The Swiss central bank’s foreign-currency reserves surged to a record in May as the euro region’s increasing turmoil forced policy makers to step up their defense of the franc floor.
Currency holdings rose to 303.8 billion Swiss francs ($318 billion) from 237.6 billion francs in April, according to a statement published on the Swiss National Bank’s website today. Walter Meier, a spokesman at the SNB in Zurich, said a “large part” of the increase was due to currency purchases to defend the minimum exchange rate of 1.20 francs per euro.
The central bank finds itself engulfed by the euro region’s worsening fiscal crisis after Spain’s banking woes and Greece’s inconclusive elections raised the specter of a break-up of the currency union. SNB President Thomas Jordan said last month that policy makers are “observing a considerable upward pressure on the franc” as investors shift into havens including the Swiss currency.
“It’s quite a significant increase,” said Alessandro Bee, an economist at Bank Sarasin in Zurich. “The euro crisis is decisive -- if there’s a further worsening, the SNB will be forced to remain active on markets.”
The franc was at 1.2012 versus the euro as of 1:02 p.m. in Zurich, little changed on the day. It has gained 1.2 percent this year, trading at an average of 1.2052. The euro dropped to a two-year low versus the dollar last month.
Investor concern about Greece’s future in the euro region mounted last month after voter support grew for parties opposed to austerity measures. A second ballot will be held on June 17. In Spain, Budget Minister Cristobal Montoro used a radio interview on June 5 to call for outside support, saying the sums needed to aid the country’s banks aren’t “astronomical.”
Geoffrey Kendrick, head of European currency strategy at Nomura International in London, wrote in an e-mailed note today that the SNB probably spent 57 billion francs in May alone to defend the floor, or 61 billion francs from April 1. The SNB doesn’t disclose details of its market operations.
“This strong increase in currency reserves in May shows that doubts about the floor’s credibility are emerging and that pressure is increasing on the SNB,” said Julien Manceaux, an economist at ING Group in Brussels. “However, for the moment, there is no reason to believe the floor could be broken even under higher pressure.”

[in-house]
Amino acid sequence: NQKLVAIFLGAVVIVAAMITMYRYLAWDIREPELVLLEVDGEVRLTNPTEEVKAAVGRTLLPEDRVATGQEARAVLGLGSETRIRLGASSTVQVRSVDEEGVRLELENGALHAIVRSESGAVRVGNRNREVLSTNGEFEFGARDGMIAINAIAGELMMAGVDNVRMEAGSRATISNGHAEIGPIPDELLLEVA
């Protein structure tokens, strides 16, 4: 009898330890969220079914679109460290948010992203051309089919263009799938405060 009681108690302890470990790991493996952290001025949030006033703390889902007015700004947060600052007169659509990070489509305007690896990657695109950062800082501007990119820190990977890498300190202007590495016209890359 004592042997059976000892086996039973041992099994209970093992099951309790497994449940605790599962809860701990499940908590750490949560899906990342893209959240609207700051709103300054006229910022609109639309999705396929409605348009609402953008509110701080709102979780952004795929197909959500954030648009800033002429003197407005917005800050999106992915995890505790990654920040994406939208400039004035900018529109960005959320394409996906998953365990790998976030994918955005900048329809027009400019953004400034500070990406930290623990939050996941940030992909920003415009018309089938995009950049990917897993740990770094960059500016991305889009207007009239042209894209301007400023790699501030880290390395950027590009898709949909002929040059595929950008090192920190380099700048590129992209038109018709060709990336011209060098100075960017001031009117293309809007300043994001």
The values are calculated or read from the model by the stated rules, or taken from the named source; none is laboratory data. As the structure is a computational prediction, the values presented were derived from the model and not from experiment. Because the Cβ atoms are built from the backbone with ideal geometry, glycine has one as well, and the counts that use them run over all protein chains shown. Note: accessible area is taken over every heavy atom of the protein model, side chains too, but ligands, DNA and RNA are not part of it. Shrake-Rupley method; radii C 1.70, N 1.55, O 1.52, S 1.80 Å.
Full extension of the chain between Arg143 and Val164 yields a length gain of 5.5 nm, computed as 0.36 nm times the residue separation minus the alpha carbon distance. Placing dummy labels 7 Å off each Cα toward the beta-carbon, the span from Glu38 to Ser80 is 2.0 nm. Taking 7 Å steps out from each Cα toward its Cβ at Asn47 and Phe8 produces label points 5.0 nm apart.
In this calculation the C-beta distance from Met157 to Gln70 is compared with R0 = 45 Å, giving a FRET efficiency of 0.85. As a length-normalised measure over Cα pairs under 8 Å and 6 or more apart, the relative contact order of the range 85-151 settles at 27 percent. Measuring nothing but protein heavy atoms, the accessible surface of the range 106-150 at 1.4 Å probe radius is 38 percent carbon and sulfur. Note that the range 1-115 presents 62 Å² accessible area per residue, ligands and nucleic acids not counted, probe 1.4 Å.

The Bank of England today left its stimulus plan on hold as the threat from above-target inflation overrode policy makers’ concerns about the risk to the U.K. from Europe’s debt crisis. Officials also kept the benchmark interest rate at 0.5 percent.
China today cut its benchmark lending and deposit rates for the first time since 2008.
The European Central Bank yesterday held its benchmark interest rate at 1 percent, with President Mario Draghi saying that “a few” council members had voted for a cut. The central bank has injected more than 1 trillion euros ($1.3 trillion) of three-year loans into the banking system and purchased government bonds to fight the turmoil.
The crisis is clouding the economic outlook, with at least eight of the 17 euro nations including Italy and Spain in recession, commonly defined as two consecutive quarters of contraction. In Germany, Europe’s largest economy, business confidence dropped more than economists forecast in May. The unemployment rate in France rose in the first quarter, Paris-based national statistics office Insee said today.
German exports probably declined in April, according to a Bloomberg News survey. The Federal Statistics Office in Wiesbaden will release the trade report at 8 a.m. tomorrow.
In the U.S., the Labor Department may say initial jobless claims fell to 378,000 last week from 383,000 in the previous period, according to a Bloomberg survey. The Federal Reserve may report U.S. consumer borrowing rose at a slower pace in April than in March.
So far, the franc ceiling has helped shield the economy from some of the European turmoil. Swiss economic growth unexpectedly accelerated in the first quarter, led by consumer demand. The unadjusted jobless rate slipped in May, a government report showed today. At the same time, consumer prices had their eighth straight annual decline last month, partly as the franc strength made imports cheaper.
SNB policy makers imposed the currency ceiling in September after the franc reached near parity with the euro in the previous month, raising the threat of deflation. Jordan said in an interview with SonntagsZeitung published on May 27 that a government-led panel is weighing measures including capital controls to weaken the franc if the turmoil escalates.
“We don’t expect further measures,” said Alexander Koch, an economist at UniCredit Group in Munich. “Drastic moves such as capital controls are certainly being discussed. But not least due to the negative impact this would have on Switzerland’s reputation as a financial center, we expect it to happen only in a Lehman-like crisis scenario.”
The currency holdings are calculated according to standards by the International Monetary Fund at the beginning of every month.